Doctor Who Cuttings Archive

An interview with the current producer John Nathan-Turner

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Producer John Nathan-Turner is now the longest serving producer on the show. He has also had to endure more problems than most producers.


SB: Since last season the show seems to have suffered a series of behind-the-scenes set-backs. Has it been a traumatic year?

JNT: No, not really.

SB: Eric Seward quit in a flurry of publicity. Do you have any comment to make on that?

JNT: No, none at all.

SB: What was your reaction to the interview which he gave in a previous issue of this magazine?

JNT: There's really nothing that I want to add to the statement made the BBC at that time ... it speaks for itself.

SB: Presumably it was a blow when Colin Baker's contract was not renewed?

JNT: Uh-huh, I felt sad in many ways.


SB: What do you feel about losing Bonnie Langford as well?

JNT: When Bonnie was engaged to play Melanie it was on the understanding that she would do so for twenty episodes, spread over two seasons. Although I'm disappointed that she won't be along for some of the episodes of next season, which we had asked her to consider, it's not a blow in any way, as the original plan was only for those twenty episodes, which she has now completed. I'm sorry, of course, that she's moving on, but she did give us ample notice that this was her intention and there were no options signed on either side that she would continue beyond the end of the present season.

SB: So how did you set about finding a new script editor ...?

JNT: Well, there are lots of literary agencies that suggest writers to us. I spoke to them and, obviously, to other people within the industry and also with script editors who were leaving other projects; the final choice being Andrew [Cartmel], who was suggested by an agent. He's done quite a bit of writing, most of which has never been formally published; I've read much of it and it's really terrific quality. This is the first time that he's script-edited.

SB:... and a new Doctor ...?

JNT: Much the same procedure was followed as with Andrew. Agents suggested hundreds of actors, which is understandable as the title role in Doctor Who is still the most sought-after job in television. Several producer-friends rang me up with ideas and suggestions. Probably over a thousand names poured into the office, which we whittled down to dozens that we interviewed and finally to the three whom we screen tested.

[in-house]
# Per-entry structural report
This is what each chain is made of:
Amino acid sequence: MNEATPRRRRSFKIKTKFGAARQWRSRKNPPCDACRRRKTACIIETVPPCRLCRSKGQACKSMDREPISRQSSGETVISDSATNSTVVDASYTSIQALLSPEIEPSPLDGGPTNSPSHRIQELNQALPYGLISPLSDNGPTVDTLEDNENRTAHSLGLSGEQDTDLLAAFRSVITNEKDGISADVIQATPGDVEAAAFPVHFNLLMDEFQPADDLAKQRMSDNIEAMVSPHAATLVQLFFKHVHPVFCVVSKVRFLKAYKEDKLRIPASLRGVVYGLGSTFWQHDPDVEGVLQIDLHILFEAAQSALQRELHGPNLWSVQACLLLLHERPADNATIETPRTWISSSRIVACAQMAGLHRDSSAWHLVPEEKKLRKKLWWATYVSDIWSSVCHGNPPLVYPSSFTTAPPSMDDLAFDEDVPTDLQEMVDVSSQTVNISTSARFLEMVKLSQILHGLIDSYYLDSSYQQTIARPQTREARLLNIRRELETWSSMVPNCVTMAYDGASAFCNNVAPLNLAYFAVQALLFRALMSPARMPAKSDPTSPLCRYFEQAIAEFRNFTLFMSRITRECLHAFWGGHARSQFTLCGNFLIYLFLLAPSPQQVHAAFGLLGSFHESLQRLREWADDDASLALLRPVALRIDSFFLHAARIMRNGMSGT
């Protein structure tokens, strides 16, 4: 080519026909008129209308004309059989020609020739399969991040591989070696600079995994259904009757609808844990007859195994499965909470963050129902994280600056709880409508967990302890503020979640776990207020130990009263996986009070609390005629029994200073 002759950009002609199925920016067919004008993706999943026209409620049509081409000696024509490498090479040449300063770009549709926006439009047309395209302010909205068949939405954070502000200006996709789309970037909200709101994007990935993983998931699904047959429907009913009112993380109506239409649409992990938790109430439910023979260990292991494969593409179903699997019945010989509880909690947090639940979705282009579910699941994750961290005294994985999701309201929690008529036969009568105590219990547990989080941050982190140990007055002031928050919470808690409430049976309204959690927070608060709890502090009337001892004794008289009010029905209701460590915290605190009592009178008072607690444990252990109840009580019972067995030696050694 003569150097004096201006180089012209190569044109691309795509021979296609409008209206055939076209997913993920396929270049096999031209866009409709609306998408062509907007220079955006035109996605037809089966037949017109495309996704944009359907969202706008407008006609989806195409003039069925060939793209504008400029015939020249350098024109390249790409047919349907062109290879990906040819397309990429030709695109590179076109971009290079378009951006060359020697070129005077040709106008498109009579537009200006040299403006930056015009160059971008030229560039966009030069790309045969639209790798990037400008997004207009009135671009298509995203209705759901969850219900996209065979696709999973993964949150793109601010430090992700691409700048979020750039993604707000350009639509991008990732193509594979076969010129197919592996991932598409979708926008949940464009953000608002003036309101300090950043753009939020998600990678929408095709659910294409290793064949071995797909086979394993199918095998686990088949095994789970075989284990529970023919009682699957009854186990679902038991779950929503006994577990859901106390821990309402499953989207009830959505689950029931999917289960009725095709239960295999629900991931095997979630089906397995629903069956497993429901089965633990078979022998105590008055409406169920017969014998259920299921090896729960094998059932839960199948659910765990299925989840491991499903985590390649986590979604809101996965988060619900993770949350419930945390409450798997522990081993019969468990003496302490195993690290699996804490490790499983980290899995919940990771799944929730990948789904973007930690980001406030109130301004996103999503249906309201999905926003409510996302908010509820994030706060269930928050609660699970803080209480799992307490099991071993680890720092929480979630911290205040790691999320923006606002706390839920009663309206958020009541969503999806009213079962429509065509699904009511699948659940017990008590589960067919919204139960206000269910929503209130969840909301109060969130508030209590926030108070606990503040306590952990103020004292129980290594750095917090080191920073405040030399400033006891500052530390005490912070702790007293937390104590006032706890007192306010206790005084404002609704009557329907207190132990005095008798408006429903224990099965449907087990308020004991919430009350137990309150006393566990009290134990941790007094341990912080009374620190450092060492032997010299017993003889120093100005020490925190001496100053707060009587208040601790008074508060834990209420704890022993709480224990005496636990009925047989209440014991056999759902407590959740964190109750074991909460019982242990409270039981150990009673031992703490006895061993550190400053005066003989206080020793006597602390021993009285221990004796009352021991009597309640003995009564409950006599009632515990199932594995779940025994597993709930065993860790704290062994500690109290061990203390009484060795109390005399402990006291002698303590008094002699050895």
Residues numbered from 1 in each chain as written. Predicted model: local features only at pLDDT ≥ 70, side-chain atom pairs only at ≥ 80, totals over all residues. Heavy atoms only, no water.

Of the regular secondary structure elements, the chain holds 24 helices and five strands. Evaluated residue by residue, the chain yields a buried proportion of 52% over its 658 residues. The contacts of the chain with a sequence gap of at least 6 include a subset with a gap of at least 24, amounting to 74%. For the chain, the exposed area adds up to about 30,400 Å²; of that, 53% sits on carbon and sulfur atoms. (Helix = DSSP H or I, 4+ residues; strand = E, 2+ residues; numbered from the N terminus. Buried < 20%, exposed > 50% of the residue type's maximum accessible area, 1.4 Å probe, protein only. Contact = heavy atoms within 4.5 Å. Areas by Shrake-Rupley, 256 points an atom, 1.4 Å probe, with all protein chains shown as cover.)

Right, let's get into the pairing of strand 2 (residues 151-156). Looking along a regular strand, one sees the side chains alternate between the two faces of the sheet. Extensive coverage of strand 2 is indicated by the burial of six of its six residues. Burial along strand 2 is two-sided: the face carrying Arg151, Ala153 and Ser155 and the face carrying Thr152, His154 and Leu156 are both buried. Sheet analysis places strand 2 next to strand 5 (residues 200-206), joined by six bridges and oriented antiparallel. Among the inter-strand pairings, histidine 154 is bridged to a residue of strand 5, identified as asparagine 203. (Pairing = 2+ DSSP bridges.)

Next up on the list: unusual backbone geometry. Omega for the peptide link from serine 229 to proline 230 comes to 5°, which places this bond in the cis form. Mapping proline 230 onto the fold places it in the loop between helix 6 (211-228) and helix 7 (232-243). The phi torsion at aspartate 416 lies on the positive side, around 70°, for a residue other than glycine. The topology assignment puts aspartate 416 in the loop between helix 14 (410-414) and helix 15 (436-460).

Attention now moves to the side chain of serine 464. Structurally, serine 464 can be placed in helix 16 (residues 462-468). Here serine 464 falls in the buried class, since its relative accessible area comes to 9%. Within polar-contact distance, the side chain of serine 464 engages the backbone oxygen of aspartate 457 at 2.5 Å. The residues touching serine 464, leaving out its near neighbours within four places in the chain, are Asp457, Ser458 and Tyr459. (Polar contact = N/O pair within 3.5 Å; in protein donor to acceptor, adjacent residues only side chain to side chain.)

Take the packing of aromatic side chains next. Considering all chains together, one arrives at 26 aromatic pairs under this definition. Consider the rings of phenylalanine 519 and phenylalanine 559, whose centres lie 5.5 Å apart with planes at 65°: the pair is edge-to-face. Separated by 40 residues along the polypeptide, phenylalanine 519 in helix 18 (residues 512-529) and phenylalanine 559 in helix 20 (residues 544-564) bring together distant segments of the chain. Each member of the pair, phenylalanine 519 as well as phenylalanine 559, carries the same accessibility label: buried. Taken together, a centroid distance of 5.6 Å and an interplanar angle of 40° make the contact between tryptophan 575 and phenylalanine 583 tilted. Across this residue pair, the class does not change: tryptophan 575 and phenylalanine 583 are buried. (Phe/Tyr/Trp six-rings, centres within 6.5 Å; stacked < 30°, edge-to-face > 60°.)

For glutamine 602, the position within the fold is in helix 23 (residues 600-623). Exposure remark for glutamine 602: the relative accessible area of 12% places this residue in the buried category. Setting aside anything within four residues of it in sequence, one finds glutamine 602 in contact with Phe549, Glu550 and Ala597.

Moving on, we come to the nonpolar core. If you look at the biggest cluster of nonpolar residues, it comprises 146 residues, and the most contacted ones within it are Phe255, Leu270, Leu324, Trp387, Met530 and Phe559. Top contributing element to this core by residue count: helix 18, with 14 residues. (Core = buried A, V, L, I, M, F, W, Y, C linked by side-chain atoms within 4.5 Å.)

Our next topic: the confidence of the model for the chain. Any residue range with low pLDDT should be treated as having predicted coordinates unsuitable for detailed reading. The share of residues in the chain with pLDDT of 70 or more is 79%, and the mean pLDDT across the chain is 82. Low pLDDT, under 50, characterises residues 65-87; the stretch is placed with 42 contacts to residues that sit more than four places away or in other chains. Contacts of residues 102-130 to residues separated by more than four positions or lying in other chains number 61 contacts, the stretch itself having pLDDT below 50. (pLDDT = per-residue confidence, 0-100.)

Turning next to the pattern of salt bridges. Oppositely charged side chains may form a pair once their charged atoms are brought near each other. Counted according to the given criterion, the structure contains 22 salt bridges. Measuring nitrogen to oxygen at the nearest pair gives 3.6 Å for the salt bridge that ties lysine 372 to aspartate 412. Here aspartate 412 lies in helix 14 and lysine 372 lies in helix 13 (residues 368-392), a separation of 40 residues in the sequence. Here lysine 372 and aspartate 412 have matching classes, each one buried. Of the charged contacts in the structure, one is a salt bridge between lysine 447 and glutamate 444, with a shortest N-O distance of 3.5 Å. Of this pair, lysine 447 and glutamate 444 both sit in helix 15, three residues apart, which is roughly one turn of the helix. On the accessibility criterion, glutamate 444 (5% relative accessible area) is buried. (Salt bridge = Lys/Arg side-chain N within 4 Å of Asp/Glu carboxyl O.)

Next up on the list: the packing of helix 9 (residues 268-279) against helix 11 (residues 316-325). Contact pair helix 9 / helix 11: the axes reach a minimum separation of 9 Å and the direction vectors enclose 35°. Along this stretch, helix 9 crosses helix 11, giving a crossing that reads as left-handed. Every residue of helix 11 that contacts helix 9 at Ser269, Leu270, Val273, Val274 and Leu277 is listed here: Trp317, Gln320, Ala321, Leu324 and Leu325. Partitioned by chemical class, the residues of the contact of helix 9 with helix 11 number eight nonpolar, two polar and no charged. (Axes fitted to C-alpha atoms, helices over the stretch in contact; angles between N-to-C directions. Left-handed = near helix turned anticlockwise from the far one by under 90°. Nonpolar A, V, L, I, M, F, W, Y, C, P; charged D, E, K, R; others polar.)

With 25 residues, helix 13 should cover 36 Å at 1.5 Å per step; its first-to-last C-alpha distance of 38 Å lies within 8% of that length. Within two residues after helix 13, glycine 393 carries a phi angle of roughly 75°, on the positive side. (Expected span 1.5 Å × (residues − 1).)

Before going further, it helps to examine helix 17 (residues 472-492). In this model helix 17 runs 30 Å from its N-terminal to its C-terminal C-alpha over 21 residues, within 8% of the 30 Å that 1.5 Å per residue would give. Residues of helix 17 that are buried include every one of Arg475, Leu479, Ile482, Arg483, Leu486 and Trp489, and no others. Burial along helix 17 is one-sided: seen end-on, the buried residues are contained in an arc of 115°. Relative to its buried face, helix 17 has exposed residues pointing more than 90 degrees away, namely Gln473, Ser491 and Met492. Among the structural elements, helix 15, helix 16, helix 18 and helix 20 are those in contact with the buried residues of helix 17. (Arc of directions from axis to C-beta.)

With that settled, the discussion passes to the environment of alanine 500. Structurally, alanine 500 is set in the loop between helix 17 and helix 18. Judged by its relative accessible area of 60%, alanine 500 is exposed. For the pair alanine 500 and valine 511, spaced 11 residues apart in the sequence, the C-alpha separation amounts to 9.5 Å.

SB: ... and finally a new companion?

JNT: By much the same process but, naturally, on a far smaller scale. When you are looking for a slightly older actress who can play young, it does limit the field. I needed someone who was free of the licence restrictions which apply to all children under 16. Sophie [Aldred] was cast initially for one story, 'Dragonfire' with options on the BBC's part to develop her character [of Ace] further, but she was also cast with a view to joining up and being the new companion.

SB: A year ago you were ready to move on. What caused you to change your mind; was it the prospect of working with a new team?

JNT: Absolutely ... and the enormous attraction of the approaching twenty-fifth anniversary season; plus persuasion from my peers.

SB: So having assembled your team, the cycle for a new Doctor was set in motion with the necessity of a fresh title sequence ...

JNT: Yes, we went through Oliver Elms, a BBC graphic designer, to a company named Cal-video, which specialise in computer animation and which had executed the Nine O'Clock News sequence. It took a long time because each one of the hundreds of frames in the sequence had to be hand-processed. It's the longest opening titles the programme's ever had, which is about fifteen seconds longer than the former average of thirty-five seconds, but it doesn't impinge drastically on any of the actual programme time.

SB:... and another variation on the theme music?

JNT: I felt that with a change of Doctor we might as well have a complete revamp. Many people expressed their dislike of Dominic's [Glyn] version, but I didn't dislike it. Obviously, I didn't, otherwise I wouldn't have employed it on the fourteen episodes of the 'Trial' last season, but with a new era in the show's history being embarked upon, I thought a fresh setting to go with the new titles was in order.

SB: Several new writers and one new director were brought in for Season 24; was this Andrew Cartmel's influence?